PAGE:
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Objecting to FVRO

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Iago View Drop Down
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  Quote Iago Quote  Post ReplyReply Direct Link To This Post Topic: Objecting to FVRO
    Posted: 01/February/2019 at 10:36
I left my ex last April and moved out in July. Since then things have been relatively amicable, 50/50 access. Unfortunately after Christmas things deteriorated. She lives in the same street as me and one evening I went and knocked on her door, no response so I used a spare key to try and get into the garage to get some items which we were in dispute over. I couldn't get access and left after 5 mins. Stupid and regrettable thing to do, she was in the house at the time (I didn't realise) and could see me on the security cameras. That was the first incident of any kind since separating. She was obviously freaked out and scared. The police arrived yesterday with a FVRO. It states we are allowed contact via email, sms and facetime but only regarding the kids. She has been emailing me the last 24 hours regarding the kids. I haven't responded as I'm fearful of breaching the FVRO. Should I be objecting to this order. I've never displayed any signs of violence towards her. If so is it a complex process? What are the chances of my objection being successful.

What is a misconduct restraining order.

Edited by Iago - 01/February/2019 at 10:37

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  Quote Iago Quote  Post ReplyReply Direct Link To This Post Posted: 01/February/2019 at 16:34
In the last 4 days she has called 3 times, facetimes 5 times and emailed 12 times. Since I received the FVRO, I've received 3 emails, all demanding a reply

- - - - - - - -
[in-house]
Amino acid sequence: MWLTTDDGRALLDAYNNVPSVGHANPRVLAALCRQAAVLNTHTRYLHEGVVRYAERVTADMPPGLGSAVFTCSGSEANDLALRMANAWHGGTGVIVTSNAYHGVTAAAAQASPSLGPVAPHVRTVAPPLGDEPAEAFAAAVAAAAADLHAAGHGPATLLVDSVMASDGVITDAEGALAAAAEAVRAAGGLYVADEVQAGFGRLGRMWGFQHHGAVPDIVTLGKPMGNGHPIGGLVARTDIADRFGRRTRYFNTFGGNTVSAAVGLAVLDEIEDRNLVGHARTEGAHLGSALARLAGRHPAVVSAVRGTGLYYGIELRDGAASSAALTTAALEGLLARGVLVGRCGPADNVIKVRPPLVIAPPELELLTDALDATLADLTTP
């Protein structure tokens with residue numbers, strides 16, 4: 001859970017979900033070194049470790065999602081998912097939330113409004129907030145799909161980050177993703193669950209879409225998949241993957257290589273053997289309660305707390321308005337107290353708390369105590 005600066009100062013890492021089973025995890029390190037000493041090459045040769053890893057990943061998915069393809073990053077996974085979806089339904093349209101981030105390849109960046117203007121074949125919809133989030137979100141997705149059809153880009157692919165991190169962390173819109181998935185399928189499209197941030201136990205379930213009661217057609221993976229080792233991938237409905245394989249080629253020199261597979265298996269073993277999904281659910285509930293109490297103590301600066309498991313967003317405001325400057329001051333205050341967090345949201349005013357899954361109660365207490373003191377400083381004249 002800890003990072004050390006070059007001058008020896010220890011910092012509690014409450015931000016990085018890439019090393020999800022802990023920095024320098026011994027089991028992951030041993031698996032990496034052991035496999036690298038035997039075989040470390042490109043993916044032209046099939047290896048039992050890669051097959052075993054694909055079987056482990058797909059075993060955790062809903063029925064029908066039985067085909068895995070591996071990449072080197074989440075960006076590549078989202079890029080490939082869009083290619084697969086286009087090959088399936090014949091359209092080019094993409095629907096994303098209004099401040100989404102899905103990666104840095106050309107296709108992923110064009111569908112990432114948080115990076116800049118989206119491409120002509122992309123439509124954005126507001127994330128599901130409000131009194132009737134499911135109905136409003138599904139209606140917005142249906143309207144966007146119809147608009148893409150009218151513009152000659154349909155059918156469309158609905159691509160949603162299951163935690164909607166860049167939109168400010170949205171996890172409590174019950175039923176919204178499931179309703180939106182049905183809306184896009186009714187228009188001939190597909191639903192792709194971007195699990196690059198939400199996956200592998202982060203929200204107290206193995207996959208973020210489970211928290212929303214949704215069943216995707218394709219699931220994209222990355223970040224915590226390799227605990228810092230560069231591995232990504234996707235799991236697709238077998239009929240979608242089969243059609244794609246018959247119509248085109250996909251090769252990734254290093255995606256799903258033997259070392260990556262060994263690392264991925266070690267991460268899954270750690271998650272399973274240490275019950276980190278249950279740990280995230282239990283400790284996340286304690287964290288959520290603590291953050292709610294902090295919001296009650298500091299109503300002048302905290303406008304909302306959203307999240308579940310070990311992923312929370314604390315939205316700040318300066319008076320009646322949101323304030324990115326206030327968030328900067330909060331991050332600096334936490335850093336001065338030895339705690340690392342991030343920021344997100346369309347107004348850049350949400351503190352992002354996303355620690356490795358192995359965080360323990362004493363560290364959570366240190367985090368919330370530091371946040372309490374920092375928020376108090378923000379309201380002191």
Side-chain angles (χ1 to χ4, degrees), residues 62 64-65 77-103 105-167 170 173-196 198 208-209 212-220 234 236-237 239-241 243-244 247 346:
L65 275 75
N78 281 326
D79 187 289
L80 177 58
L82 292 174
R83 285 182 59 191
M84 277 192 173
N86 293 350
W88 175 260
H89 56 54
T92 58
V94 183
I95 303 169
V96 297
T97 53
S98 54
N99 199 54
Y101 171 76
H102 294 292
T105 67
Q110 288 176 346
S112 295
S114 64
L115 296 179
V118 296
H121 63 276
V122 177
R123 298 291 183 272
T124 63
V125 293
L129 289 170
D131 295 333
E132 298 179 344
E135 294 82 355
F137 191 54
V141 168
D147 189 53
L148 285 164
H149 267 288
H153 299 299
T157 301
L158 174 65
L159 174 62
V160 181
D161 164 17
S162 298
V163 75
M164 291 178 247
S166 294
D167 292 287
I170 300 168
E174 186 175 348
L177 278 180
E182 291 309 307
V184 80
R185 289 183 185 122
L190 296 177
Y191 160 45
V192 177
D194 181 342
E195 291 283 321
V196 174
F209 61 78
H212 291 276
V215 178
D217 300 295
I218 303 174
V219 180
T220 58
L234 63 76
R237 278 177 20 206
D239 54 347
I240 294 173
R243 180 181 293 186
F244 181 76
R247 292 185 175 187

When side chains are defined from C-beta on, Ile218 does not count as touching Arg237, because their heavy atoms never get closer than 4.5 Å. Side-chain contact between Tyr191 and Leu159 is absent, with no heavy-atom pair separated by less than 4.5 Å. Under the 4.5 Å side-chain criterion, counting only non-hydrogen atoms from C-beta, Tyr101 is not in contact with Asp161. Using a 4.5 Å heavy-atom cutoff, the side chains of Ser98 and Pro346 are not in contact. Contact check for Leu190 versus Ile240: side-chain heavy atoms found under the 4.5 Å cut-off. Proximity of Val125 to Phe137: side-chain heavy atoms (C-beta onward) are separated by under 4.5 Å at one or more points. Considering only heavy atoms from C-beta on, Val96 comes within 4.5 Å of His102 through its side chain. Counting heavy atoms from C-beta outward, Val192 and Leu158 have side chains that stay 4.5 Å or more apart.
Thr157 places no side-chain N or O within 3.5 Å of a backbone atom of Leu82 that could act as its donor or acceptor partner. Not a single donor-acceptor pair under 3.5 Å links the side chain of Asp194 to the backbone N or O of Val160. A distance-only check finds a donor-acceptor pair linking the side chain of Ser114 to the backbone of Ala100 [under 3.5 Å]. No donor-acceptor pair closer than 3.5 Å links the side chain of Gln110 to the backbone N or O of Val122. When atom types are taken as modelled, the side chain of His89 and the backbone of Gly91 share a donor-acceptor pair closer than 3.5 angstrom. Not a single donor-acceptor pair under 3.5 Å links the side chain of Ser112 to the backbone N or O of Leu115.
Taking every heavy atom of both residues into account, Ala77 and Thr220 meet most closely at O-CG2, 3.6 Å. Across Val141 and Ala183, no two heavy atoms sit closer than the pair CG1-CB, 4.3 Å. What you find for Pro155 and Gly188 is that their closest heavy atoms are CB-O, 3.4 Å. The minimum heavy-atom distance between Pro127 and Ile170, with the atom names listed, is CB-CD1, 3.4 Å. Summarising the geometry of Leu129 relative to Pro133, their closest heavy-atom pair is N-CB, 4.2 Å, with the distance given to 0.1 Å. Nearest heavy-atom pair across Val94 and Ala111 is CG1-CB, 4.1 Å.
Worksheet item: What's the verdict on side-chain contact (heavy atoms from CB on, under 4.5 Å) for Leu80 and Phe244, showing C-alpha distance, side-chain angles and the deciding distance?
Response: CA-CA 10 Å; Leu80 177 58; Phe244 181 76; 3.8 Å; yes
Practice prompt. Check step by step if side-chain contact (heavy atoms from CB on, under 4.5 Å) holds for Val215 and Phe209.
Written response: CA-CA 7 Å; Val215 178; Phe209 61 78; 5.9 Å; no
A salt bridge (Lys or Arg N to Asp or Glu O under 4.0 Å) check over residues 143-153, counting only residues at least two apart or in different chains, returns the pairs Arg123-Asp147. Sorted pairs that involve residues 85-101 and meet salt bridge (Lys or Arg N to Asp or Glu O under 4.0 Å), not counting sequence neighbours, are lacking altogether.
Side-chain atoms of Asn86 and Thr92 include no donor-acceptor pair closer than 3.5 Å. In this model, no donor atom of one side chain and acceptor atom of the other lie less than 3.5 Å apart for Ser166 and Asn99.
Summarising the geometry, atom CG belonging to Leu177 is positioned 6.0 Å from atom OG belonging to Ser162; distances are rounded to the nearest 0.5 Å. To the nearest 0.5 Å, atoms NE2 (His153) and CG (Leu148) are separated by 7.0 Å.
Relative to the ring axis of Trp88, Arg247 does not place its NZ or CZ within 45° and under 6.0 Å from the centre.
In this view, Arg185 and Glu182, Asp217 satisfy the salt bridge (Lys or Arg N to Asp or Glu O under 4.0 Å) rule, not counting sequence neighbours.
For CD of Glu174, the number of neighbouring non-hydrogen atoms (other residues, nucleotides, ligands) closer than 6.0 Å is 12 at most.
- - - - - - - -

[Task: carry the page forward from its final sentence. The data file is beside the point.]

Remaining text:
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  Quote citizen-joe Quote  Post ReplyReply Direct Link To This Post Posted: 01/February/2019 at 19:03
Report her actions to the police, she has to conform to the order also.

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  Quote jaazzz Quote  Post ReplyReply Direct Link To This Post Posted: 01/February/2019 at 23:13


You should have been given a first mention date when the orders were served...At that appearance you can either accept the order, accept without admissions, or oppose it.

Was it a private application for a FVRO by your ex or was it done by police on her behalf?.. If done by police, it will be represented by a police prosecutor in court. If a private application, she will represent herself unless she engages a lawyer...

Either way, if you oppose it a court date will be set for a hearing... My own personal experience with this many years ago was that the applicant repeatedly adjourned the hearing date, & then 11 months later withdrew the application a week before the hearing.. Of course the interim order has the same restraining effect as a confirmed oreder for that whole period... End result was she never had to face up to court to support her lies... No consequences followed..

If you accept the order, just make sure that the terms of it are acceptable to you in so far as the children are concerned, & make sure it has an end date.

Originally posted by Iago

It states we are allowed contact via email, sms and facetime but only regarding the kids.....What is a misconduct restraining order.

As her contact with you has been within the allowed criteria & relates to the kids, then I can't see why you shoudn't just respond.. By all means keep records of all contact..

A misconduct RO usually applies to restraining a person that you are not in a familial relationship with


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Iago View Drop Down
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  Quote Iago Quote  Post ReplyReply Direct Link To This Post Posted: 02/February/2019 at 13:30
Originally posted by jaazzz



You should have been given a first mention date when the orders were served...At that appearance you can either accept the order, accept without admissions, or oppose it.